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They’ve sparked a transport revolution. But despite being the third-largest market for electric cars in the world after China and Europe, Americans aren’t rushing to buy electric. Just 8 per cent of the cars sold in America in 2022 were EVs, a figure that’s projected to rise to 12 per cent in 2023.
And yet the White House wants electric cars to make up half of the vehicles sold in the US by the end of this decade, which is why Washington served up juicy tax breaks in an attempt to coax more Americans into buying electric. It’s all part of the sweeping clean energy legislation and hundreds of billions of dollars in subsidies introduced by Joe Biden’s climate-focused administration.
But recent polls suggest that US citizens aren’t keen to give up their addiction to petrol-fueled cars. Even with the tax breaks, a recent survey found that just 2 in every 10 Americans are, quote, “very likely” to buy an EV as their next car.
For Republicans, that figure is just 1 in 10. And it’s the high cost of the cars and lack of charging infrastructure that’s to blame. 8 in 10 Americans say that it’s the price of EVs that puts them off, and almost as many cite the lack of charger availability as the reason.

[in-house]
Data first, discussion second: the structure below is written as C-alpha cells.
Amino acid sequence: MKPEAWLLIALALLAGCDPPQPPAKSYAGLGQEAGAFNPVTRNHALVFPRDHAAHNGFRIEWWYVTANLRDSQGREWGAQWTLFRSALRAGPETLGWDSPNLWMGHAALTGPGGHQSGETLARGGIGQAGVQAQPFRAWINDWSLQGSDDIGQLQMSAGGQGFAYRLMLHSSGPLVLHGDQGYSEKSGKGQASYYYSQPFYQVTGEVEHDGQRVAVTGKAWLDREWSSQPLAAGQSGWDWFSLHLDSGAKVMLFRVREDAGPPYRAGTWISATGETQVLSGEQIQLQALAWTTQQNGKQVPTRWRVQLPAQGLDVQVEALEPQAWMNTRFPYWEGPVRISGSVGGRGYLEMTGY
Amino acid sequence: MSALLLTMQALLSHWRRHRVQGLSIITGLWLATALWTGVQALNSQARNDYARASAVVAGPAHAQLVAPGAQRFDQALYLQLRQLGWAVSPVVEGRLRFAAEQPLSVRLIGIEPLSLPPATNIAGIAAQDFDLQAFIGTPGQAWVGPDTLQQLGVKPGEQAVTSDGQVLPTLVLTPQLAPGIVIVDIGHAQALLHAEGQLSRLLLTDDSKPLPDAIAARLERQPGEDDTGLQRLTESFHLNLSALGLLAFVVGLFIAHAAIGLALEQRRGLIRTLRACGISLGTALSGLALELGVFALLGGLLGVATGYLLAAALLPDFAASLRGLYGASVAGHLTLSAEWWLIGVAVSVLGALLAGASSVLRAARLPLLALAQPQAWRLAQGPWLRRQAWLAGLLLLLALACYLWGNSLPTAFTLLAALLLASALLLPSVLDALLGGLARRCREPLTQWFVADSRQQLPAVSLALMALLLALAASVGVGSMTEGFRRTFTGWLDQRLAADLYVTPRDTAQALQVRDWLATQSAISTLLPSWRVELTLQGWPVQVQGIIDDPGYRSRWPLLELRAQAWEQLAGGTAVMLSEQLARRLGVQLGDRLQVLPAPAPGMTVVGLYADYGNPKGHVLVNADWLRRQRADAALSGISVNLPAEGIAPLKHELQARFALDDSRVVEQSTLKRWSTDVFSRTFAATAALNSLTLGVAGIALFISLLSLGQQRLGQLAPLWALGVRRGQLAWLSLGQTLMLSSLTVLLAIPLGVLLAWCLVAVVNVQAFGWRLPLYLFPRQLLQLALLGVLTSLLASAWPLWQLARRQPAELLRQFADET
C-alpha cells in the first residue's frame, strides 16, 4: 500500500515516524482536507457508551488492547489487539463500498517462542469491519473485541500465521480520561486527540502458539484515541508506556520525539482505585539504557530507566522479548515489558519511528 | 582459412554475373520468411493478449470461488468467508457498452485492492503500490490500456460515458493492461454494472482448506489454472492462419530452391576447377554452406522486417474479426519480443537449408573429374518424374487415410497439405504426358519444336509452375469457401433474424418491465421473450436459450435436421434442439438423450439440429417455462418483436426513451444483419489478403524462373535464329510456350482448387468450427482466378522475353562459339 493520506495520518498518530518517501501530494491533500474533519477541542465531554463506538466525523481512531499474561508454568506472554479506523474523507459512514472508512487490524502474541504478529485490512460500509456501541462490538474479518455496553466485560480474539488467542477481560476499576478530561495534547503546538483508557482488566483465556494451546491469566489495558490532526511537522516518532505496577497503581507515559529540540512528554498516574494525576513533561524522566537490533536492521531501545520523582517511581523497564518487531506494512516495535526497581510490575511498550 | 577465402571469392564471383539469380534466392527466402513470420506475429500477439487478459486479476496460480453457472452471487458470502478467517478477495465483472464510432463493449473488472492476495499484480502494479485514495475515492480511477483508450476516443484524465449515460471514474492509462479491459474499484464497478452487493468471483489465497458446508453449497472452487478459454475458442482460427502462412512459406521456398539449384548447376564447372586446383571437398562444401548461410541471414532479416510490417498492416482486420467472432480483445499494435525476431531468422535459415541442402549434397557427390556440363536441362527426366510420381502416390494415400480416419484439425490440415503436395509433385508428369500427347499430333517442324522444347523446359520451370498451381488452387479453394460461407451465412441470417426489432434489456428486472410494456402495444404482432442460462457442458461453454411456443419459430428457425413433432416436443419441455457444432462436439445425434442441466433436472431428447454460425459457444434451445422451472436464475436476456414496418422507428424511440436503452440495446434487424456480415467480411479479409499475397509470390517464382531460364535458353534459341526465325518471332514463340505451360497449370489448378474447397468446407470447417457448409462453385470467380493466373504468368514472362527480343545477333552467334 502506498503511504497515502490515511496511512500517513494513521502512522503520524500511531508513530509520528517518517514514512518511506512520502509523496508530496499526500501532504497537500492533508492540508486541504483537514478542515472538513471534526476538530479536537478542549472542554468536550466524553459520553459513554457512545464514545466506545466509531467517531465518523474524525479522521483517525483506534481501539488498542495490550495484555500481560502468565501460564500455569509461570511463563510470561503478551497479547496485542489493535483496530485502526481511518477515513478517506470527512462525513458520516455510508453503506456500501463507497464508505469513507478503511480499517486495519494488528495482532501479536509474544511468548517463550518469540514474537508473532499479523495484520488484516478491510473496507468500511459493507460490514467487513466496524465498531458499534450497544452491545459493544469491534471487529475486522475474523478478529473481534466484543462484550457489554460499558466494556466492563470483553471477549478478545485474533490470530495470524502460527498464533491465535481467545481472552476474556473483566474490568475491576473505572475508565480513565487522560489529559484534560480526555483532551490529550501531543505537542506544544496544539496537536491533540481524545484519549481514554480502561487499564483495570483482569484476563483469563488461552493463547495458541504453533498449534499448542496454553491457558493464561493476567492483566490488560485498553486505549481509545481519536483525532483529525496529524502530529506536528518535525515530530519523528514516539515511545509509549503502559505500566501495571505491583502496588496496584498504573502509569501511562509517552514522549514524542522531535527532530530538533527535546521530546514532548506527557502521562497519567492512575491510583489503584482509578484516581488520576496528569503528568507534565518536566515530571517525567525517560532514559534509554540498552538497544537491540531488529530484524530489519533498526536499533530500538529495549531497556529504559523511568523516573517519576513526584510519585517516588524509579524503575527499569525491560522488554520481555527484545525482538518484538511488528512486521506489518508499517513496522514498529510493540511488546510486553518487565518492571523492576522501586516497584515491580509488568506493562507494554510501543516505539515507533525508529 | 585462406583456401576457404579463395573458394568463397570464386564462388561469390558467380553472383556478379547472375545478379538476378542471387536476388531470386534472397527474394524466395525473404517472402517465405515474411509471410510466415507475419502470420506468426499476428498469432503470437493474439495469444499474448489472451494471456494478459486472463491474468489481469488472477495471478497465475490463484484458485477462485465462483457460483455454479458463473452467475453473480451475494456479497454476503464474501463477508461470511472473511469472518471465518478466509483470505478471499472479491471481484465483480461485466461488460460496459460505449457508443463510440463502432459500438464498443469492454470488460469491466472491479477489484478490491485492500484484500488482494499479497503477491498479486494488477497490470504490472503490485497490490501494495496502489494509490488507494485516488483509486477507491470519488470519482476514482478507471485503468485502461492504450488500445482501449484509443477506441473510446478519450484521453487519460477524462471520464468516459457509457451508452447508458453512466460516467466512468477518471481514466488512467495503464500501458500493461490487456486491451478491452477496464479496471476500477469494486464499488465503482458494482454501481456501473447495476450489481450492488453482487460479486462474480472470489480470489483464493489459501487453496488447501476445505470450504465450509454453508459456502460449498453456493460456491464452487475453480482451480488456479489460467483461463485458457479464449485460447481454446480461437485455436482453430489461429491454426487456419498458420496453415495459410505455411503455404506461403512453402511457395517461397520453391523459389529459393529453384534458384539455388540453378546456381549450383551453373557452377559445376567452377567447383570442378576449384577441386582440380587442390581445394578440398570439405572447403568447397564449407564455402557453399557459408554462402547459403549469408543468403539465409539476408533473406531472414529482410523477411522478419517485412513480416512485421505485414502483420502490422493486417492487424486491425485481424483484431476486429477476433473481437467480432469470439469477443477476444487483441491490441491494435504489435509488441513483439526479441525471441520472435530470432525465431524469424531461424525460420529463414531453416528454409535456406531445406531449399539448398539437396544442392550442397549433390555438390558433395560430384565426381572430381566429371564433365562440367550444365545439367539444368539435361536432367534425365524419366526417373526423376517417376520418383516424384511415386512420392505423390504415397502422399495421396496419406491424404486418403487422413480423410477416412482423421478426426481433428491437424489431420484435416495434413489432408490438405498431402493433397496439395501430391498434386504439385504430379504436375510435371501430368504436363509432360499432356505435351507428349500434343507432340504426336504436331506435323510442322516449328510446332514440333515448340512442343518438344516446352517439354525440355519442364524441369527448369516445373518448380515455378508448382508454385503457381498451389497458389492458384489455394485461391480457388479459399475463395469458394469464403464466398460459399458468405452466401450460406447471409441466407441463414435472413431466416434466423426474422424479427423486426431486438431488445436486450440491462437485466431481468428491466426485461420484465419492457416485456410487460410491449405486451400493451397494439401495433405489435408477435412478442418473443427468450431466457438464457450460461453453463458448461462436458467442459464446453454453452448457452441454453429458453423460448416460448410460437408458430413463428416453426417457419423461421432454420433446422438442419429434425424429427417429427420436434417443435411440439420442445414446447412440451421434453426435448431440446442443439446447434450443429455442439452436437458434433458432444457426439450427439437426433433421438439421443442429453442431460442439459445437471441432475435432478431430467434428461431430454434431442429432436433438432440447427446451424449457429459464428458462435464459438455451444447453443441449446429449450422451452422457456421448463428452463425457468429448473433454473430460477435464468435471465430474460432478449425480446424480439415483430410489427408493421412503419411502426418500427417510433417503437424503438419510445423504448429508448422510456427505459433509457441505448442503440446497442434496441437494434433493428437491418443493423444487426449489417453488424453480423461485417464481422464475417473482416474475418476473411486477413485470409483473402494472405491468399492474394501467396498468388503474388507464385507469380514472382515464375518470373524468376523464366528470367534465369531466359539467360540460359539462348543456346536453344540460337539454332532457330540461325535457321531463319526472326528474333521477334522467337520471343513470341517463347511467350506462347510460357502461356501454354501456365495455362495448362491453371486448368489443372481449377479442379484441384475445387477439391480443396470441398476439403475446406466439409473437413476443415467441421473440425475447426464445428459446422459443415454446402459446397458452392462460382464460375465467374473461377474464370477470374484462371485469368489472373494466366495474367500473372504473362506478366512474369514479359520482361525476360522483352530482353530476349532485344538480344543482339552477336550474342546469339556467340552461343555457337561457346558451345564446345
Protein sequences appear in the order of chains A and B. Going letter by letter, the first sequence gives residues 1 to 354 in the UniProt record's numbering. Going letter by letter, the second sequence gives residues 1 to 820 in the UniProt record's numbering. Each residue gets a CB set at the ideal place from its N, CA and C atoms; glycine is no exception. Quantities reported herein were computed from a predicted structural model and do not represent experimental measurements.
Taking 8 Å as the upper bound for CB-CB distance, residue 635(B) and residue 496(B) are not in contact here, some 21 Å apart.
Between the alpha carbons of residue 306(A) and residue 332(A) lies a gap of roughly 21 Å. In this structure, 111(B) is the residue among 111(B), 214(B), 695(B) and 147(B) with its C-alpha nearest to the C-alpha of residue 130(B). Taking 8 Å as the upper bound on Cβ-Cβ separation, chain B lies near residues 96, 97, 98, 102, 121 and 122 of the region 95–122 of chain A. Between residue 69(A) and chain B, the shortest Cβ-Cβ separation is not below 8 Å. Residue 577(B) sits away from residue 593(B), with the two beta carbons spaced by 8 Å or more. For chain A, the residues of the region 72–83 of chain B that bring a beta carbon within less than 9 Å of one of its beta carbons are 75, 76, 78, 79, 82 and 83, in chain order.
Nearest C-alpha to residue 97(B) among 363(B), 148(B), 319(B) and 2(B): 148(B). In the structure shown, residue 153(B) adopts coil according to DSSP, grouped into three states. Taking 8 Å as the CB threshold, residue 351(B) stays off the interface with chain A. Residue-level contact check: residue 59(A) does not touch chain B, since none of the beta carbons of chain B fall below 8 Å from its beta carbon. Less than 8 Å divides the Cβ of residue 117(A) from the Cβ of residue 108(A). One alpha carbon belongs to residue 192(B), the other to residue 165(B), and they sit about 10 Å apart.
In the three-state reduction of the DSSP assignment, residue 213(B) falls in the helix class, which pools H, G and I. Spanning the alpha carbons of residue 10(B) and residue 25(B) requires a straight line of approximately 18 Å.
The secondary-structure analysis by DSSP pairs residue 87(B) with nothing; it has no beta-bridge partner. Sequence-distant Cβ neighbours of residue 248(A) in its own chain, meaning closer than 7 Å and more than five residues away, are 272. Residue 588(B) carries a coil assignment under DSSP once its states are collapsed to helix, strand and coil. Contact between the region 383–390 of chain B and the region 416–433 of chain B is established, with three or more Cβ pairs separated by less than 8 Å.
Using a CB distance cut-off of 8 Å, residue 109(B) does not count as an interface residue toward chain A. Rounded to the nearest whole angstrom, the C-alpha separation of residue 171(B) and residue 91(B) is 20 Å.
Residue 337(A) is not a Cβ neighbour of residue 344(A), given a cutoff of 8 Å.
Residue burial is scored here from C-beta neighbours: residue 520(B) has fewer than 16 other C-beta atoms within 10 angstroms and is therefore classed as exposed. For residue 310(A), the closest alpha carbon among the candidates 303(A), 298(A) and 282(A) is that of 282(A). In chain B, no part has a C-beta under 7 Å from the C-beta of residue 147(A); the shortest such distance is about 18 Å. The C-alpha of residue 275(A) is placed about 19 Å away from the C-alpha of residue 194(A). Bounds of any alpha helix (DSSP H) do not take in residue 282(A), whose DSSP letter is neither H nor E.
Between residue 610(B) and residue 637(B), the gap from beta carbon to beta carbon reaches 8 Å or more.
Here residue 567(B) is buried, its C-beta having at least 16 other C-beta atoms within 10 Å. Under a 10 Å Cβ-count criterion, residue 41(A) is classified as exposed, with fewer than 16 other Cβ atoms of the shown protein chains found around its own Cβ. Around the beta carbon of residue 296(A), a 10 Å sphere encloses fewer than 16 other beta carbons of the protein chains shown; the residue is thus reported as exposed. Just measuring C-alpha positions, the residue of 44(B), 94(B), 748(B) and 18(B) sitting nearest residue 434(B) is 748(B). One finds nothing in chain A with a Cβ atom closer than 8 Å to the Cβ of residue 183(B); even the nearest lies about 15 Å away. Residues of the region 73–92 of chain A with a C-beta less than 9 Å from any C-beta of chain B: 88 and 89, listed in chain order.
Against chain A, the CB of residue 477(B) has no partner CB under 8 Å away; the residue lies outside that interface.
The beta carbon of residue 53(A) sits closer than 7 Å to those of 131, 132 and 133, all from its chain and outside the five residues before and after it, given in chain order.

The average EV sold for just over $60,000 in December 2022, too much for most buyers’ budgets, even with government incentives. And despite Joe Biden’s pledge to invest over $7bn into 500,000 charging points, public chargers are still more likely to be found in America’s wealthy and white neighbourhoods.
And cross-country trips in an EV are still considered a risky endeavour, requiring advanced research and often triggering range anxiety. Even so, EV momentum is building. Tesla, GM, and others are linking up to share charging infrastructure, a big deal.
In January 2023, out of more than a million new light vehicles registered in the US, 7.1 per cent were all-electric. That’s almost a doubling of the market share compared to the year before. Intriguingly, back in 1900, electric cars accounted for roughly a third of all the vehicles on the road in the US. Getting back to that level isn’t going to happen overnight.